One of my favourite things about good food is that it doesn’t let you go, it’s like a bondage whip, you can not escape the moment. When you are filled with memories of the past and fears and hopes for the future you can easily lose sight of the present. Just a bite of Maitea’s pintxo de tortilla keeps you right there, enjoying life, sharing an intimate moment between you and your meal. 

Maitea Taberna
Casanova, 155, 08036 Barcelona
Monday to Saturday 13:00–16:30, 20:00–23:30

We like it juicy, but not bloody.

Lara Zaballa, Norte chef and owner

You should know that the wonder of wonders that is the tortilla de patatas is not a typical Catalan dish. We love it like we love our esqueixada (cod salad), our escalivada (roasted eggplants and peppers) or our capipota (stew made with cheap cuts of beef), also perfect companions to share with friends and a beer. But we know that the best tortillas in the world are made up north and that’s why we like Norte Restaurant.

Lara  Zaballa and María González became friends working in the business, one as a cook, the other as a hostess, and eleven years ago they partnered up to open a place they could call home. Being both from up north, one from Galicia, the other from Bilbao, there was going to be tortilla de patatas for breakfast, no question about it. 

You should also know that, usually, we don’t have it for breakfast. Up north, a slice and a coffee latte is common early in the morning on a weekday. That sounds weird in Barcelona. Don’t get me wrong, we have our own little peccadillos (small faults), not going into details, but you should try our esmorzar de forquilla (literally “fork breakfast”). But given the opportunity to enjoy a succulent tortilla like the one in Norte, go for it. 

Surprisingly, with no onion. I got to say, it stood up.

“If you like it with onion, you can eat it without, but if you like it without, and it has onion, you just wont eat it,” Maria says nonchalantly. It’s so good that I can let that slide. Whatever gets you across the river, we are waiting at the other side with gluttony. 

Being in Barcelona, you are going to visit Gaudi’s Casa Batlló, you should anyway, just from the outside, if you will. It’s less than ten minutes walking distance to Norte, which opens for breakfast and lunch, Monday to Friday, so here is your chance. Like Mantequerías Pirenaicas, they also run out of tortillas around noon. You can often see a biker stopping at a red light yelling, “Are there any left?“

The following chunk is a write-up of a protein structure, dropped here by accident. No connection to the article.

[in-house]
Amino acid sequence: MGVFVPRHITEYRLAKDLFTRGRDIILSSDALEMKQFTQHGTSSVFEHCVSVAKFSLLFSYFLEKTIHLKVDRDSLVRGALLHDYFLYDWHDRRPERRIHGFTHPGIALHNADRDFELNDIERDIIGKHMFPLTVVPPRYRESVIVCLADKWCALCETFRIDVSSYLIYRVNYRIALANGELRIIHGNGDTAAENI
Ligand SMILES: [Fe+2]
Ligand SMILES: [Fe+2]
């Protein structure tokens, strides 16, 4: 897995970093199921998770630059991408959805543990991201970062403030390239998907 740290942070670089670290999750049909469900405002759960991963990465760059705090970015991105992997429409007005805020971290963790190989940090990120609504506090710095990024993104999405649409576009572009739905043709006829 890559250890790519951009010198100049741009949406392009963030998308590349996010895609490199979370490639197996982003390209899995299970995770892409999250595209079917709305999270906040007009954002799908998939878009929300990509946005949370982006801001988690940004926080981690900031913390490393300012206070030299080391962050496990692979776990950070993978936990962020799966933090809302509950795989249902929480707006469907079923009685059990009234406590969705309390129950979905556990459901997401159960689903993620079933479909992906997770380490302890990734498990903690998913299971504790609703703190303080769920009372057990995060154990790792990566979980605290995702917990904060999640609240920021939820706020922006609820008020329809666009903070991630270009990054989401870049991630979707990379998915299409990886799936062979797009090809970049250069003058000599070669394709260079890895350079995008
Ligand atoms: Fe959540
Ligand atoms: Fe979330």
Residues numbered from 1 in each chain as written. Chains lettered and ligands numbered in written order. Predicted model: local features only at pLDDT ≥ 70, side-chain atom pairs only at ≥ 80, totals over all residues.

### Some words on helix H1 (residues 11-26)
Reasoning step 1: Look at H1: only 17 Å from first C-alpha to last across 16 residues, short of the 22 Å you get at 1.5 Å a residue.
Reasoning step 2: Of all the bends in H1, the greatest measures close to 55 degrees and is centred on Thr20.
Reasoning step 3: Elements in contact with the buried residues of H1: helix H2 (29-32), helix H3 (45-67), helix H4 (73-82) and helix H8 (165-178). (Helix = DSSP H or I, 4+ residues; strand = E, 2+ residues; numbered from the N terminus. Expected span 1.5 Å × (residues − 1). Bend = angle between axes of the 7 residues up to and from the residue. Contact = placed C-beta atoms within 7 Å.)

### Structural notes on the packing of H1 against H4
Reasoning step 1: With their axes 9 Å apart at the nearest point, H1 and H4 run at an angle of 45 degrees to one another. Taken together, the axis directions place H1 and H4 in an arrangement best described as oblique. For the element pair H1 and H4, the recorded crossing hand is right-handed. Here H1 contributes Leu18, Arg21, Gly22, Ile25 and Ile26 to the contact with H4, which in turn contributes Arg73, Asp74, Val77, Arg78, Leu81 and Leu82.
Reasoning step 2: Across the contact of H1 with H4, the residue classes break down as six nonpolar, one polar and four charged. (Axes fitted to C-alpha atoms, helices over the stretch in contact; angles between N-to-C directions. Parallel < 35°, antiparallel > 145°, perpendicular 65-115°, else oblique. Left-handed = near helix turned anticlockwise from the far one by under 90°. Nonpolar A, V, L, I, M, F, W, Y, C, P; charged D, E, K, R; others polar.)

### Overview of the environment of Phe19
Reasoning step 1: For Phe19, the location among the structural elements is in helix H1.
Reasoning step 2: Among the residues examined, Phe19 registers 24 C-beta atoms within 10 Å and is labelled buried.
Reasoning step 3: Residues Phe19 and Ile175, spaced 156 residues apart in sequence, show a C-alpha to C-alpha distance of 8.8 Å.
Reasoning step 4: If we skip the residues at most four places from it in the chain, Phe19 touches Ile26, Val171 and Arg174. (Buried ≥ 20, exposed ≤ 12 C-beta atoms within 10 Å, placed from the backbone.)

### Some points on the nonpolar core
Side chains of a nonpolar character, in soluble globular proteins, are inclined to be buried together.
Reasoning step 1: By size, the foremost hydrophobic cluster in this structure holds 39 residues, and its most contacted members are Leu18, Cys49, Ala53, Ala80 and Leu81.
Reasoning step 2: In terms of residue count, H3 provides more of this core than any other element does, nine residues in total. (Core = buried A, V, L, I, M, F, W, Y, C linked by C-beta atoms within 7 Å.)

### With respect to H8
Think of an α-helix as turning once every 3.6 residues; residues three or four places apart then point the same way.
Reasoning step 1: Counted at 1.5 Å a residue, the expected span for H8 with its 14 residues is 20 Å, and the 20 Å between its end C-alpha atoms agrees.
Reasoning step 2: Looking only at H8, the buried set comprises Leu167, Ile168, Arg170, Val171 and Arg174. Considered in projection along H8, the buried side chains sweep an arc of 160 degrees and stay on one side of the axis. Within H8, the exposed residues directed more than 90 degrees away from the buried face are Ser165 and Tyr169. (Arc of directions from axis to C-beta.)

“If there’s not, they keep going, like we don’t have plenty of good stuff,“ says Maria.

Anyway, in a world of big chains, ghost kitchens and delivery craziness, walk for a few blocks, get your ass to Norte Restaurante and enjoy the authenticity of a succulent slice of tortilla with its perfect match, pa amb tomàquet, for breakfast and wallow in the pleasure. Don’t be the tourist who goes to the other side of the world to have a mimosa and eggs benedict, please. 

Norte Restaurante
Diputació, 321, 08009 Barcelona
Monday to Friday 8:00–16:00

Don’t forget the allioli

Talking about eggs, here’s a final recommendation: you should also enjoy a good dose of allioli. You know, the mayonnaise with a touch of fresh garlic, made with egg yolk, olive oil, salt and garlic, that you can find in all kinds of dishes. Go for…
ensaladilla at Bar Velodromo
bomba de la Barcelona at La Bombeta
– slice of bread spread with aioli at La Cova Fumada
patatas bravas at Bar Tomás
And just celebrate that you are alive. 

What’s so good about this?

Getting to know a city through its food culture is an intellectual exercise that feeds body and soul. Barcelona is walkable, so with comfortable shoes and an empty stomach, you can hop from bar to bar to. learn its ways – by enjoying one of its egg icons, the tortilla de patatas.

Meet the writer

Back in 2007 Txaber Allué uploaded the first ever tortilla de patata video-recipe to YouTube. It went viral and changed everything. Since then, he has gone beyond recipes to share his enthusiasm for food and all its meanings wherever he has the chance to do so. Follow his food adventures on El Cocinero Fiel website, YouTube (nearly a quarter of a million followers), Twitter and Instagram